Towson Wins CAA Shootout With New Hampshire

By David Coulson

Executive Editor

College Sporting News

 

TOWSON, MD. — It might be hard to believe now, but Towson University actually trailed New Hampshire in the first quarter of its Colonial Athletic Association showdown before 8,366 fans Saturday at Johnny Unitas Stadium.

 

But after spotting the Wildcats a 7-0 lead less than four minutes into the contest, Towson roared back for a 56-42 victory, scoring in all three phases of the game to put a league championship and automatic playoff bid within its grasp.

 

A victory next Saturday at Rhode Island is all that stands in the way of the first championship in the Tigers’ 43 years of playing football and would clinch the first Football Championship Subdivision playoff berth in the program’s history.



 

Towson could also become the first school in NCAA history to reach the playoffs in Division I, II and III. The last time the Tigers were in the playoffs was at the D-II level in 1986.

 

Freshman running back Terrance West broke several school single-season scoring records with four touchdowns as he pounded the UNH defense for 261 yards on 23 carries, including a 72-yard TD burst that tied the game at the 9:48 mark of the first period.

 

West has 1,190 yards on the season (7.3 yards per carry), 1,016 of them in the past six games to go along with 25 touchdowns on the ground.

 

After West’s first score, the track meet was on for the Tigers (8-2 overall, 6-1 in the CAA) and they out-raced New Hampshire to the finish line in a game that featured 14 touchdowns and 1,484 all-purpose yards combined.

 

“I knew this was going to be a shootout,” said Towson coach Rob Ambrose, who has directed the biggest turnaround in NCAA Division I football this season as the Tigers have improved from 1-10 to 8-2. “We knew we had to be very efficient with the ball on offense early, to be able to stay in a shootout.”

 

After West’s first touchdown, Towson made a pair of spirited defensive plays — in between a Grant Enders to James Oboh 56-yard scoring strike — to put some distance between the Tigers and the Wildcats.

 

Senior defensive end Frank Beltre (12 tackles, seven solo stops) crushed UNH quarterback Kevin Decker on a fourth and one run for a one-yard loss at the Towson 44 to set up Oboh’s score on the next play.

 

Then on the next Wildcat drive, freshman cornerback Tye Smith made a break on a Decker sideline pass and intercepted it. Smith dashed 45 yards for a touchdown to make it a 21-7 Tiger lead.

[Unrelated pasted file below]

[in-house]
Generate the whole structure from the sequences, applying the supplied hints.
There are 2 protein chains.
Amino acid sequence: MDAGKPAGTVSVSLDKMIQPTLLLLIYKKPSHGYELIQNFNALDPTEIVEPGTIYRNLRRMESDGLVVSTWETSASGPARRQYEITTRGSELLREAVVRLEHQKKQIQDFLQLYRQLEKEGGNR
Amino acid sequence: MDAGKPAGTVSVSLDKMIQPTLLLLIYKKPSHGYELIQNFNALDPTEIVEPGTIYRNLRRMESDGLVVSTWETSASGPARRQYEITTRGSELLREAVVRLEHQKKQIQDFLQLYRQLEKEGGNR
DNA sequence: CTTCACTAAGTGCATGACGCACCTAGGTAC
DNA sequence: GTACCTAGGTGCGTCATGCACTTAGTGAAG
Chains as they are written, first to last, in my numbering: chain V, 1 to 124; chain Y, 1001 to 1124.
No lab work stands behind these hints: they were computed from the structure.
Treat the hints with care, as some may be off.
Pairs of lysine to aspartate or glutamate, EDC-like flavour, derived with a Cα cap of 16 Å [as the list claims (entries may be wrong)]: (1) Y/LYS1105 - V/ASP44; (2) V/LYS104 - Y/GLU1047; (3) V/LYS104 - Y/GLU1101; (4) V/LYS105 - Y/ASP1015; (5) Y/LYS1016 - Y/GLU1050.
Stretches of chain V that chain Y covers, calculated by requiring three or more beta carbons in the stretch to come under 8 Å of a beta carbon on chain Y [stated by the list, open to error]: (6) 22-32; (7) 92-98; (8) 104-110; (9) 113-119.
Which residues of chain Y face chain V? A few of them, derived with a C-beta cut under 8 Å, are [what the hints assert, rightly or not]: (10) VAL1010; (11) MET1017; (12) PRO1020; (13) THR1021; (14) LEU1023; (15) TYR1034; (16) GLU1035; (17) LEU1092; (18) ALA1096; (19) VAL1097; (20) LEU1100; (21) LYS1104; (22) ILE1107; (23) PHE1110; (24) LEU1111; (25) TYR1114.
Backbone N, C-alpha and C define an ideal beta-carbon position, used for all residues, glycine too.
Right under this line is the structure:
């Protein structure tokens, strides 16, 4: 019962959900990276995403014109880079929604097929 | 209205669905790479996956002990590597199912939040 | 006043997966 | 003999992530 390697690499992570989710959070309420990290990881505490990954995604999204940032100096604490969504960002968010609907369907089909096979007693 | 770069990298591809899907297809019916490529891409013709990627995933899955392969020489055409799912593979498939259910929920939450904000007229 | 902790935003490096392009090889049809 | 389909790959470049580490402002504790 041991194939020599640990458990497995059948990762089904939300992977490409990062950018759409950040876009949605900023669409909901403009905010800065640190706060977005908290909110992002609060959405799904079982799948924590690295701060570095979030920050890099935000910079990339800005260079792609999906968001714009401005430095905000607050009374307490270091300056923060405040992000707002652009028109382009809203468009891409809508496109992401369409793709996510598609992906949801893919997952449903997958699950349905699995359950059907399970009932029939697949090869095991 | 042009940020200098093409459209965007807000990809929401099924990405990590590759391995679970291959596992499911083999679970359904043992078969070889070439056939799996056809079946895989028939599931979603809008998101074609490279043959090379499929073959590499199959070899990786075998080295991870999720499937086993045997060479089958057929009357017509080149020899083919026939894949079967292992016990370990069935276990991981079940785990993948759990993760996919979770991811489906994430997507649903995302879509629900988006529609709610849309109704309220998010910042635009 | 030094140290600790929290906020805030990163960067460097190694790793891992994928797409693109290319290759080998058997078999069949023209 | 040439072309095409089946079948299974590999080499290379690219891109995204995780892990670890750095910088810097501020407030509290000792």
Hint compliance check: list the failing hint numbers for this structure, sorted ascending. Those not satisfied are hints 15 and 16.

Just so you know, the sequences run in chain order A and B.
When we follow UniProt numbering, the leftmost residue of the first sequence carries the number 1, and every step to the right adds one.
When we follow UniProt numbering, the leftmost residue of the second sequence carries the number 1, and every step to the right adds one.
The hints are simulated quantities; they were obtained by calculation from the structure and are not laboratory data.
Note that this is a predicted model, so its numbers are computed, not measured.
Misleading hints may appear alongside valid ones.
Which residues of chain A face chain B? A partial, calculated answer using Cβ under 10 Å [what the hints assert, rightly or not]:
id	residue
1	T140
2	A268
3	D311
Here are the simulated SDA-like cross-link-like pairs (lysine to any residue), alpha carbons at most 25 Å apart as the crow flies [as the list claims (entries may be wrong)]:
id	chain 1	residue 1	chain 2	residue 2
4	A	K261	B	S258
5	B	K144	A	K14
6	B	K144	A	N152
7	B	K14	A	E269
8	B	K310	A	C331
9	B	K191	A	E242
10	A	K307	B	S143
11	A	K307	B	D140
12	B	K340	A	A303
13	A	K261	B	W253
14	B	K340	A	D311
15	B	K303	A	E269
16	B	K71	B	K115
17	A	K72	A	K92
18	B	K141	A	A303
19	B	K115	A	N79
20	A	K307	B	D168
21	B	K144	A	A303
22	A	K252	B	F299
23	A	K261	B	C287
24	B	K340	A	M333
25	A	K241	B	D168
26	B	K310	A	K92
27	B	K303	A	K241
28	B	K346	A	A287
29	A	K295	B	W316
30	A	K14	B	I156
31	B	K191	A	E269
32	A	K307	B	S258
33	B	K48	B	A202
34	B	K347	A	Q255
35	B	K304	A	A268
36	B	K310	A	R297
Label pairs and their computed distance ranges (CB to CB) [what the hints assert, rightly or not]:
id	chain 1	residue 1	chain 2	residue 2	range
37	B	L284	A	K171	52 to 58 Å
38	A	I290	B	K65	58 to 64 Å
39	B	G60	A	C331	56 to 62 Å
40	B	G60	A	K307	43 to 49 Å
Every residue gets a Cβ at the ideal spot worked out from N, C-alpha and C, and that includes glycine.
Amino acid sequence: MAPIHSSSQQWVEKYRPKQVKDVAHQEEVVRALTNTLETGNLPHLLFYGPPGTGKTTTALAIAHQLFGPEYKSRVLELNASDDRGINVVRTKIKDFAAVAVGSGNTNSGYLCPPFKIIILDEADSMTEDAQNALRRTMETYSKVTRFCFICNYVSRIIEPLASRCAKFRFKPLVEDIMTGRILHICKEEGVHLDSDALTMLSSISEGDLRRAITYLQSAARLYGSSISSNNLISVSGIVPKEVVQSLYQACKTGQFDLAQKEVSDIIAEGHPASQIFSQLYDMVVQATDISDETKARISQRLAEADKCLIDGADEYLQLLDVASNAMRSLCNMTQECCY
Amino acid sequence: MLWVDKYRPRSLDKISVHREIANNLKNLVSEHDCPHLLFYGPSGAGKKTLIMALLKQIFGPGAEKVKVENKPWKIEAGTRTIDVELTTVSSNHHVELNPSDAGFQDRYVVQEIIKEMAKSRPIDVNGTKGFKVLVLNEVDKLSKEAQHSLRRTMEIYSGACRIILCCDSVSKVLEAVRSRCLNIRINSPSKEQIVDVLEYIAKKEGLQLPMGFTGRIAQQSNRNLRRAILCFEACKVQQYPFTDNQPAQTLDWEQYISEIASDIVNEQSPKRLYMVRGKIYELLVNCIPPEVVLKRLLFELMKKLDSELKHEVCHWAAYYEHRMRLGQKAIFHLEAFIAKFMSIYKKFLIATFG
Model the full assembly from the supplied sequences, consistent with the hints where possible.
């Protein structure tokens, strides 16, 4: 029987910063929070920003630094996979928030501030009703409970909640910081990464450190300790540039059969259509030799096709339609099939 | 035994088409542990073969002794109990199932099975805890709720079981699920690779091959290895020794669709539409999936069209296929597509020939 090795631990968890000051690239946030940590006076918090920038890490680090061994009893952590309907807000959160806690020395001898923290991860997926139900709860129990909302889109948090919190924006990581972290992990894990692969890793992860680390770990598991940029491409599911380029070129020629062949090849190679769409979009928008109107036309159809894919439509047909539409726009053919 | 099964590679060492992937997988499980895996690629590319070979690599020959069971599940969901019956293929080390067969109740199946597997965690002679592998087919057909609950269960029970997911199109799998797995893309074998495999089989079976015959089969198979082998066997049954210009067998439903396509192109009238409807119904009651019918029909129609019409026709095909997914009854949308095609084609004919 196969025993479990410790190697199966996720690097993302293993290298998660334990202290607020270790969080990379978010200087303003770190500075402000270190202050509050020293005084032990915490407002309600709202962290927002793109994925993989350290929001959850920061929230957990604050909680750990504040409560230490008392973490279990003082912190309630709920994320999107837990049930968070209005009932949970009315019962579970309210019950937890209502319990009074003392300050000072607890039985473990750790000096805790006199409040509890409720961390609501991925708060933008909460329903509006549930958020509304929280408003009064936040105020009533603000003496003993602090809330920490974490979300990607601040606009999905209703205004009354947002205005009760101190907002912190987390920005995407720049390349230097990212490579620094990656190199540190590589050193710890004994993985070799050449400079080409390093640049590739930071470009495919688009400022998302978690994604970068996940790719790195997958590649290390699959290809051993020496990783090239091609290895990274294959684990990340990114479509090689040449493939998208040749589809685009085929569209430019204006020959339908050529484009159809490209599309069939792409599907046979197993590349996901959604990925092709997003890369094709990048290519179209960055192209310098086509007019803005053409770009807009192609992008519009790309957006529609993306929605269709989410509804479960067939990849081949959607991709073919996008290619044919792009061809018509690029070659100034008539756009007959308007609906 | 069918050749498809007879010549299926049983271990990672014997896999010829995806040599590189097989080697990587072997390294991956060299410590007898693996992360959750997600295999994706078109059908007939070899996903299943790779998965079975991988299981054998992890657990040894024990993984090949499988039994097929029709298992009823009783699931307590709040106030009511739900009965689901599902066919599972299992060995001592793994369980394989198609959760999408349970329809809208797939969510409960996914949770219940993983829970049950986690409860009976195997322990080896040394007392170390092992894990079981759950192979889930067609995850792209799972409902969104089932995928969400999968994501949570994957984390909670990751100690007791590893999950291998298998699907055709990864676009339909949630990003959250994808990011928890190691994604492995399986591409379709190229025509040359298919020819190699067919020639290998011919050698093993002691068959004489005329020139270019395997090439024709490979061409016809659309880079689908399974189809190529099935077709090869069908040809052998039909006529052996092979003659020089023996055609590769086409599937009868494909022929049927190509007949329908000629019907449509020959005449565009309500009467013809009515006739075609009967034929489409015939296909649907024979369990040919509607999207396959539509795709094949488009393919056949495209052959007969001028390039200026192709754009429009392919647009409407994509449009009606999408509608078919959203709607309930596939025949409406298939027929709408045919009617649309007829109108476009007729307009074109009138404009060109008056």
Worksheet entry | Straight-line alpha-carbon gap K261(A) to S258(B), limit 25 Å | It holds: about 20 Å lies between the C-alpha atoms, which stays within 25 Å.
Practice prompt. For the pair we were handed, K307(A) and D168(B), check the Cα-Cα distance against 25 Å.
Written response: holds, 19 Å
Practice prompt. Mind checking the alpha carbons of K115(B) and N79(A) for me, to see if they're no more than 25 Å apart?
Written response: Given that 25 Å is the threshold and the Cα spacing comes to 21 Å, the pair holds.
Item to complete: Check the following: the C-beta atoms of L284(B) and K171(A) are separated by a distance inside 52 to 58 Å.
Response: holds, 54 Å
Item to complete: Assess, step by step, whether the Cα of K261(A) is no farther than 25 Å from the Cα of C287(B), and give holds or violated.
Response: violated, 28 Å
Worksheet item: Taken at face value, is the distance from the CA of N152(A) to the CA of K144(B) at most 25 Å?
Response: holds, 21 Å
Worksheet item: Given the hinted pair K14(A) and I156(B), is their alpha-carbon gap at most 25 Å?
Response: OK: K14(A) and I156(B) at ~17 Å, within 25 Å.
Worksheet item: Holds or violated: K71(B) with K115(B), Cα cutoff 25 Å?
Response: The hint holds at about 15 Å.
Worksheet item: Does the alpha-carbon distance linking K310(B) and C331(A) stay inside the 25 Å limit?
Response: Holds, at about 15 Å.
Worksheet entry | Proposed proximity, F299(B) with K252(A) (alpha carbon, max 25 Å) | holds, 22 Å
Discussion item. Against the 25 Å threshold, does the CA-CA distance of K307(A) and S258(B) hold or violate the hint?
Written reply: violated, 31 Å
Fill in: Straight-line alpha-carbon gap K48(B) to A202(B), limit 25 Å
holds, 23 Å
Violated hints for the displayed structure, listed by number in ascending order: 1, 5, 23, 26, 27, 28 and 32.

That left New Hampshire chasing Towson the rest of the night in this battle between two of the teams tied for the CAA lead coming in.

 

The two teams traded touchdowns the rest of the way, with Towson doing its best to shorten the game with its running game in the second half.

 

The Tigers built leads of 21 points four different times, using a 69-yard scamper by West in the second quarter to scoot ahead 42-21 and a 93-yard kickoff return by Derrick Joseph to start the second half as huge adrenaline boosts.

 

UNH kept striking back, but the mountain of points accumulated by Towson was too much for the Wildcats to overcome.

 

“Just what I thought could happen did happen,” said New Hampshire coach Sean McDonnell. “They hit some big runs on us. West is something else, he had a dynamic presence for them.”

 

Enders out-dueled UNH’s Decker in a battle of two of the top quarterbacks in the CAA. Enders was 14-of-18 for 183 yards, a pair of scores to Oboh (three catches for 97 yards) and just one interception.

 

Decker was 36-of-46 for 389 yards passing and one TD and added a career-high 75 yards on the ground with 12 carries and two touchdowns, but as the heady senior was forced to play catch-up, he made several ill-advised decisions and it led to three interceptions and one lost fumble.

 

Tye Smith was in on three of the four UNH turnovers, collecting a pair of interceptions and one fumble recovery. Smith added nine tackles on a day when linebacker Matt Evans tallied 19 (nine solo stops) for UNH and safety Jordan Dangerfield picked up 16 tackles (10 solo stops) for Towson.

 

“My hat goes off to this team,” said McDonnell. “If you turn the ball over and don’t tackle against a team like this, your are not going to have a chance to win.”

 

With another win secured, Ambrose turned his attention to the fact that Towson likely clinched at least an at-large berth in the playoffs with the win.

 

“If they don’t let us in the playoffs, something is ridiculously wrong in the world,” said Ambrose. “Yes, we’re going to the playoffs.”

 

No team from the current CAA has missed the playoffs with eight wins since Villanova was denied with an 8-3 record after finishing in a four-way tie with Hofstra, Maine and William & Mary for the 2001 Atlantic 10 crown.

 

No league had ever received four bids to the playoffs in a given year in FCS at that time of a 16-team playoff field and Villanova’s loss to Division II Lock Haven was enough to keep it on the sidelines, despite the presence of running back Brian Westbrook in its lineup.

 

But now in the second year of a 20-team playoff bracket for FCS, Towson already has a resume nearly as solid as that Villanova team, with its only losses coming to a BCS team (Maryland) in a competitive game (28-3 loss without Enders in the lineup) and to defending national finalist Delaware.

 

The Tigers have also beaten both Maine and New Hampshire in games with first place on the line in the past weeks.

 

Ambrose also pointed out that the road to such heights had been accomplished one day at a time during his three years as the head coach of his alma-mater.

 

“It was a goal from the first day I got here, but you can’t get there by focusing on that goal,” said Ambrose. “There are a million little things to do to get there.”

 

(Photo Credits: Rich Riggins and Brendan Cavanaugh, Towson Athletics)

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